Engagement does not mean one thing to everyone, and this became clear during discussions at the 2017 Wellcome Trust International Engagement Workshop. Practitioners and other parties involved in engaging communities with research had different views on how engagement should be defined, on why engagement should be executed, and on how engagement activities should look. Whilst these views may have differed, they rarely conflicted, and the key seemed to be to accept that engagement is a broad and diverse beast. For example, the purposes and goals of engagement cited in the room included the following with many projects working towards several at once:

  • To make research more ethical
  • To understand populations and get them to understand you
  • To inspire the next generation of scientists
  • To reduce stigma around certain diseases
  • To make it easier to recruit and retain research participants
  • To inspire healthy behaviours
  • To show the relevance of research through the eyes and mouths of those it impacts upon so that they can act as advocates
  • To give scientists the tools to explain themselves to patients, families and policy makers

Whatever the goals, defining them is an important first-step for anyone embarking on an engagement project as they should define a set of methods and approaches appropriate to the outcomes they hope to see and the communities they are working with. It is advice such as this, alongside varied case examples to show the breadth of engagement, as well as discussions of the broader definitions and history of engagement that frame these, that formed the Introduction to Engagement theme of the workshop.

Caption: Participants of the 2017 Wellcome Trust International Engagement Workshop.

Below are summaries of two presentations that show the extraordinary breadth of engagement and the spectrum of activity, goals and approaches within it. The first is from the UK, and the second from Vietnam. Also below is an article exploring how to evaluate engagement effectively including case examples from Kenya.

Creative Engagement at the Crick Institute and Beyond

This keynote presentation from the Wellcome Trust International Engagement Workshop describes a breadth of creative engagement work across the Francis Crick Institute, Guerilla Science Project and the Wellcome Collection, UK. It looks in depth at some key engagement activities across these organisations and explores the challenges and merits of engaging publics with science in unusual and creative ways.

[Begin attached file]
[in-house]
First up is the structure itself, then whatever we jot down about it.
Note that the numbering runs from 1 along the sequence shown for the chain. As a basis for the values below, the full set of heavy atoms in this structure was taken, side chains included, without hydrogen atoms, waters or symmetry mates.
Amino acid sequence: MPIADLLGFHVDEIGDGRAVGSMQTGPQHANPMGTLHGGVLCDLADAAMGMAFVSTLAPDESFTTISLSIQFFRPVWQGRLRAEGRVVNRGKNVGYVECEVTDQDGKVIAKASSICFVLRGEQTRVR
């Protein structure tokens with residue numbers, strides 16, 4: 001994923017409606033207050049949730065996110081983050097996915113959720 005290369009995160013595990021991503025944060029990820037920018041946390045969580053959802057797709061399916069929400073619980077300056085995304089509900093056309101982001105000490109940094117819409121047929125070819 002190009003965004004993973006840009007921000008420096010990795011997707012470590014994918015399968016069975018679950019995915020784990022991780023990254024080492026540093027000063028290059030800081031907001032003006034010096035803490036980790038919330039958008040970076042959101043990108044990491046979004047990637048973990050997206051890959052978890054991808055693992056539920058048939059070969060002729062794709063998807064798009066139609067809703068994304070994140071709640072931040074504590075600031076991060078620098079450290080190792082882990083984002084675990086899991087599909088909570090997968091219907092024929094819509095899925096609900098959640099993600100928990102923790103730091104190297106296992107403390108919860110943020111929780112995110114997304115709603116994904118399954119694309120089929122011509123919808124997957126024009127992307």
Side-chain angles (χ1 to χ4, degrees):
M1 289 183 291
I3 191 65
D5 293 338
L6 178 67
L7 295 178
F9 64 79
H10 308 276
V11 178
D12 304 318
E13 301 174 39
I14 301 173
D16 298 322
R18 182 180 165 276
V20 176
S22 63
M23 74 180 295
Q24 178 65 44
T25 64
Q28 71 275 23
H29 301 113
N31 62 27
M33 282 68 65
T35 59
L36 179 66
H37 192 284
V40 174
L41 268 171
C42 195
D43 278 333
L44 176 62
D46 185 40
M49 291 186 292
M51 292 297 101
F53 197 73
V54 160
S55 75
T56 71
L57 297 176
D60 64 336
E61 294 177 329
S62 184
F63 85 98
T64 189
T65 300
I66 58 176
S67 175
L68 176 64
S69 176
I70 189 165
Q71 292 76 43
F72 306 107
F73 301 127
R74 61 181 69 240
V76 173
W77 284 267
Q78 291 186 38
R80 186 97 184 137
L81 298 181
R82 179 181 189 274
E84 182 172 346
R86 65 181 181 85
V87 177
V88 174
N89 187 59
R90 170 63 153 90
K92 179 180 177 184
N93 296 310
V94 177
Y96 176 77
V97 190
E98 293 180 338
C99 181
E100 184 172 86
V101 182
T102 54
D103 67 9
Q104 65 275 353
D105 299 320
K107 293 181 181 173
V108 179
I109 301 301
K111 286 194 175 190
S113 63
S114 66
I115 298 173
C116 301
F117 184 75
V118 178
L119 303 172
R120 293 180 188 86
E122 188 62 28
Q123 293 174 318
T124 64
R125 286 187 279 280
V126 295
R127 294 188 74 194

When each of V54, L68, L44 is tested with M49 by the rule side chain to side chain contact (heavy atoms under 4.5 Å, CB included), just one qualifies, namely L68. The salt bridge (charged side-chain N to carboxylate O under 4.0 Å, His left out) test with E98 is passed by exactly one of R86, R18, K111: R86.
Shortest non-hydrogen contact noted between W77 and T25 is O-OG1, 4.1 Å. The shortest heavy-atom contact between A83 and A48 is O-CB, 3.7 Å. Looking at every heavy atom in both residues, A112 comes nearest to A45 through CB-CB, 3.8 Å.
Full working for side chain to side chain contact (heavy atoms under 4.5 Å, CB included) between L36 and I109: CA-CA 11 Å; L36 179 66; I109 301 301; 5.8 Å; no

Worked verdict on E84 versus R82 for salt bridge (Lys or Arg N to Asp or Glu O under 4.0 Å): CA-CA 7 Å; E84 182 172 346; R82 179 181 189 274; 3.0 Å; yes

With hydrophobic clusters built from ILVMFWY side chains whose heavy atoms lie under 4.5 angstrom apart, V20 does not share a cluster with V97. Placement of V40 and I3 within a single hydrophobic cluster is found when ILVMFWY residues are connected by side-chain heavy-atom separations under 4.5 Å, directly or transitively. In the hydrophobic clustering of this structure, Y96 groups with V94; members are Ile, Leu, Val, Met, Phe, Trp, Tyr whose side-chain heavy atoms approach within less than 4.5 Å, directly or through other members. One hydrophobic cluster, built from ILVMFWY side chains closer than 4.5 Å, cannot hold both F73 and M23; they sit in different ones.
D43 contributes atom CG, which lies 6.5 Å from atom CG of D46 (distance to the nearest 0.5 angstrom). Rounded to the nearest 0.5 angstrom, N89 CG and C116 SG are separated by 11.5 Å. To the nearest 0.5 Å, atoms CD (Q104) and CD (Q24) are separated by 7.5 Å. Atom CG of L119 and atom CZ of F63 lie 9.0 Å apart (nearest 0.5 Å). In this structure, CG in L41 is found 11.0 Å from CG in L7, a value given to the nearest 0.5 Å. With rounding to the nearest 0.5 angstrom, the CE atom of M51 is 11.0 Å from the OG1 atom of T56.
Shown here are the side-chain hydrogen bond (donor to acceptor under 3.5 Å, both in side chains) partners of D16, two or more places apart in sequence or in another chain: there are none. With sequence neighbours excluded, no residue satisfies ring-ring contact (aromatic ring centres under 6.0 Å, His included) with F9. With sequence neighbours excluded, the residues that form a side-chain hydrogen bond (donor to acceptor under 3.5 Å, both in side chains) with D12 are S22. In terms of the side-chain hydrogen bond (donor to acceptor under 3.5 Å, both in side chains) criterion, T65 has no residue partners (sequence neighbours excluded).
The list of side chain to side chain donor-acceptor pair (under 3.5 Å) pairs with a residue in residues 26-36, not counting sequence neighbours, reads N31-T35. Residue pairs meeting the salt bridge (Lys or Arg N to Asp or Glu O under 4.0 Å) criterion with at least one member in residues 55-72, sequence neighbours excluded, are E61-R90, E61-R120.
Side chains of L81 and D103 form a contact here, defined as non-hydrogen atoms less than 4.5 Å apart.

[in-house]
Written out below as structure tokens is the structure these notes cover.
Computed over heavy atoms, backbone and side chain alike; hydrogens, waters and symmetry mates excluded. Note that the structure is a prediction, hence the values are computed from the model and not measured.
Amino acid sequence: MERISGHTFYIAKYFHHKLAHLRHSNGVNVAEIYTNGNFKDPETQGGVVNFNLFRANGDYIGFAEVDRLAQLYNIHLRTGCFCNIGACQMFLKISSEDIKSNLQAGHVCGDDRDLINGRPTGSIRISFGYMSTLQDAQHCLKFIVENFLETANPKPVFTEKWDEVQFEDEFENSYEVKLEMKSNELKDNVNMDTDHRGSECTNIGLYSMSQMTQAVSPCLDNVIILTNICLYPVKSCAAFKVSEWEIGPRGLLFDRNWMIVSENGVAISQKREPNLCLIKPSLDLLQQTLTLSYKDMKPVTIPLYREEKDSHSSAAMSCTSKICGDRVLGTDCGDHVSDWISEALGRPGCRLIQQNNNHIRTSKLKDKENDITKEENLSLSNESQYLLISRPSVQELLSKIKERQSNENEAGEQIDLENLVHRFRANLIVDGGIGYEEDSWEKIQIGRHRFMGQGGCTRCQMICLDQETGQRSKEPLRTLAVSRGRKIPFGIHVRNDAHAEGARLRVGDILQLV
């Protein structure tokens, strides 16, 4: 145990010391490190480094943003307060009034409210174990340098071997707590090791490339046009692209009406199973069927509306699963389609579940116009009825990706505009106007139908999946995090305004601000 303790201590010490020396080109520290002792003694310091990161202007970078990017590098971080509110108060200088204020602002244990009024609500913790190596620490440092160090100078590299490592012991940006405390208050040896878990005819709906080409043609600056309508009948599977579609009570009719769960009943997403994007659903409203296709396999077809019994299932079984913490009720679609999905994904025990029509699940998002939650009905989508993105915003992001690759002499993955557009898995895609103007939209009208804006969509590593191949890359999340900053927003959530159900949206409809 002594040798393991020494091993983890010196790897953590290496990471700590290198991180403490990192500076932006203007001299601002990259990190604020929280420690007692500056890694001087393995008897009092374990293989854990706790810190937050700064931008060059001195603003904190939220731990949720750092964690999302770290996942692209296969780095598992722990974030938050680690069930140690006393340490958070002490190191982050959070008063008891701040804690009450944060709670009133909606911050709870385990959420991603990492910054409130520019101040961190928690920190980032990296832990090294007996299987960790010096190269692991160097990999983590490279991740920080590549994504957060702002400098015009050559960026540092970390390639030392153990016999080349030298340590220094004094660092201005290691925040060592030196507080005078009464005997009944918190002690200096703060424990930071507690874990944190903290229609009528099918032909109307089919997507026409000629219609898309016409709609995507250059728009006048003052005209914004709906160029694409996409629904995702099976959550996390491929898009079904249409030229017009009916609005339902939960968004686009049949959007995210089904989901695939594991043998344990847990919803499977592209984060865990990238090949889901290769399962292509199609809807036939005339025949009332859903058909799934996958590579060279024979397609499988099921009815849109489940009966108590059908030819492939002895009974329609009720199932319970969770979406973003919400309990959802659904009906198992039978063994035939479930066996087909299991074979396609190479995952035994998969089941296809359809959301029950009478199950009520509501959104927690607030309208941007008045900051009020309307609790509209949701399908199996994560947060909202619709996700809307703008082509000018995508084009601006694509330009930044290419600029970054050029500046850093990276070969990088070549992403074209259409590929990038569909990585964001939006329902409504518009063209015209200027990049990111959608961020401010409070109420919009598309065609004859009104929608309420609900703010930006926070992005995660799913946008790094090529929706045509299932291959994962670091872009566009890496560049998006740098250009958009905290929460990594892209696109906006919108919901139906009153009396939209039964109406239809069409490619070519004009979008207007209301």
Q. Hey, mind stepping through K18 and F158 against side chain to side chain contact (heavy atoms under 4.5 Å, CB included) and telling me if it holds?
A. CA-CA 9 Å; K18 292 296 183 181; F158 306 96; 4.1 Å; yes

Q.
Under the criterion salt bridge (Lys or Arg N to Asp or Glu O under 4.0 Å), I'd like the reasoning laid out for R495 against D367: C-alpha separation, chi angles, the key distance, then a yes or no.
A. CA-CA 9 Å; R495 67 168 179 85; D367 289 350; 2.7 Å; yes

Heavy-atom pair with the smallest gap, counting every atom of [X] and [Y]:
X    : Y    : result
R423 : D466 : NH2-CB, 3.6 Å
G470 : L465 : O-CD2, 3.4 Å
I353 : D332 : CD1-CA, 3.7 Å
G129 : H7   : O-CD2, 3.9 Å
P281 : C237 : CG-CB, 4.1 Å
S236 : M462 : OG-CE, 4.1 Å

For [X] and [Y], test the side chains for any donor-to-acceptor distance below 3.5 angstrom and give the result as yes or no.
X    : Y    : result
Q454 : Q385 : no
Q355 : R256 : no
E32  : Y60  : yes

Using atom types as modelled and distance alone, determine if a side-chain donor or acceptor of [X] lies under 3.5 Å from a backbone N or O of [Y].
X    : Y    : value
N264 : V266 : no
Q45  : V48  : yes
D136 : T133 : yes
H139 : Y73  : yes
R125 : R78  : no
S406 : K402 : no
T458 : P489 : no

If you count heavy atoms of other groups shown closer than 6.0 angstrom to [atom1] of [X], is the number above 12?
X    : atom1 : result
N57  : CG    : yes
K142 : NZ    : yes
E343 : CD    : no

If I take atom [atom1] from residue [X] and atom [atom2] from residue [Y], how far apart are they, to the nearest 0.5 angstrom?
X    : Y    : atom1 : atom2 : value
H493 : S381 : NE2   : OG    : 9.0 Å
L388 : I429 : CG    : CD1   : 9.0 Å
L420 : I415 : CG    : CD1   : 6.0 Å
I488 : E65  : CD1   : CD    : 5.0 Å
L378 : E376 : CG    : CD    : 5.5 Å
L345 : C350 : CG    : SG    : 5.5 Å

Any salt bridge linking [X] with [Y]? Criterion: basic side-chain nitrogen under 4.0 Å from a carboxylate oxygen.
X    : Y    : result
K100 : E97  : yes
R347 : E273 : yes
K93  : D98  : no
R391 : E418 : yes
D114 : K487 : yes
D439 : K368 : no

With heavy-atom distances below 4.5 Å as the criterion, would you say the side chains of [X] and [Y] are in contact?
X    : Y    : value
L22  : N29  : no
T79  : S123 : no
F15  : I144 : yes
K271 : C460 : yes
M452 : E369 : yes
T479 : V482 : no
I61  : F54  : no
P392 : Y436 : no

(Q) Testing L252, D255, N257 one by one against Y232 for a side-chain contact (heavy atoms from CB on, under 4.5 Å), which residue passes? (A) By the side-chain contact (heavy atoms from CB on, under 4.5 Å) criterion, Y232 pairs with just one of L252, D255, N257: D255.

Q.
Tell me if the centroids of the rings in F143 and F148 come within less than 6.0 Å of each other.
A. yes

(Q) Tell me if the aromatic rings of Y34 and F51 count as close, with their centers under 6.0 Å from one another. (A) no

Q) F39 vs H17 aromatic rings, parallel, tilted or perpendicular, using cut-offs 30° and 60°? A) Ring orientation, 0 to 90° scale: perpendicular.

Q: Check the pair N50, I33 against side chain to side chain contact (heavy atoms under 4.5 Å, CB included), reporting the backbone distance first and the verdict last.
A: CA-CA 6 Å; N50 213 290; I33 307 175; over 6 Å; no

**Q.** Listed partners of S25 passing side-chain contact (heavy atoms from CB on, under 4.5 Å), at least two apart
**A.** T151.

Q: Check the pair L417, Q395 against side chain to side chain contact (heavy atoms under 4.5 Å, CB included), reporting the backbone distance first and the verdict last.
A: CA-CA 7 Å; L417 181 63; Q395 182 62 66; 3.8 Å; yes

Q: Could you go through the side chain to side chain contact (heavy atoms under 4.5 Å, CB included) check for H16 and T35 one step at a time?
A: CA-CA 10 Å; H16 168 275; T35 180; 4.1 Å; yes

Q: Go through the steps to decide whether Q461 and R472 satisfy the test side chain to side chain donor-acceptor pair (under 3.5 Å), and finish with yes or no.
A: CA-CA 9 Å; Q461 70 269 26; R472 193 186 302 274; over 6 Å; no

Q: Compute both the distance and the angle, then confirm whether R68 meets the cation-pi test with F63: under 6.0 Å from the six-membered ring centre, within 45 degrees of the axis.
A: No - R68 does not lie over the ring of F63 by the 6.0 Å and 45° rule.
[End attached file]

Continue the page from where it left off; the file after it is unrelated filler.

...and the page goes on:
The Spectrum of Engagement

This article explores a workshop session led by Mary Chambers from Oxford University Clinical Research Unit in Vietnam on the spectrum of engagement definitions, aims, and methods using examples from Vietnam.

Evaluating Engagement

Robin Vincent, Evaluation Consultant, UK gives an introduction to evaluating engagement with particular focus on "Theory of Change" as an approach to evaluation and how complexity in engagement can be navigated in evaluation. Dorcas Kamuya, KEMRI-Wellcome Trust Research Programme (KWTRP), Kenya, gives a detailed account of how and why KWTRP have evaluated their individual engagement activities and overarching programme of engagement to understand the impact it is having on knowledge and relationships.

Further Reading

National Coordinating Centre for Public Engagement - What is Public Engagement?

Mesh - What do we mean by Community Engagement?

The content on this page forms part of the online report for the 2017 International Engagement Workshop "It's Complicated: navigating scientific complexity in public and community engagement". To learn more about the workshop, access the rest of the report and browse the video presentations, discussion summaries, and tools made available from it, visit the workshop page. 

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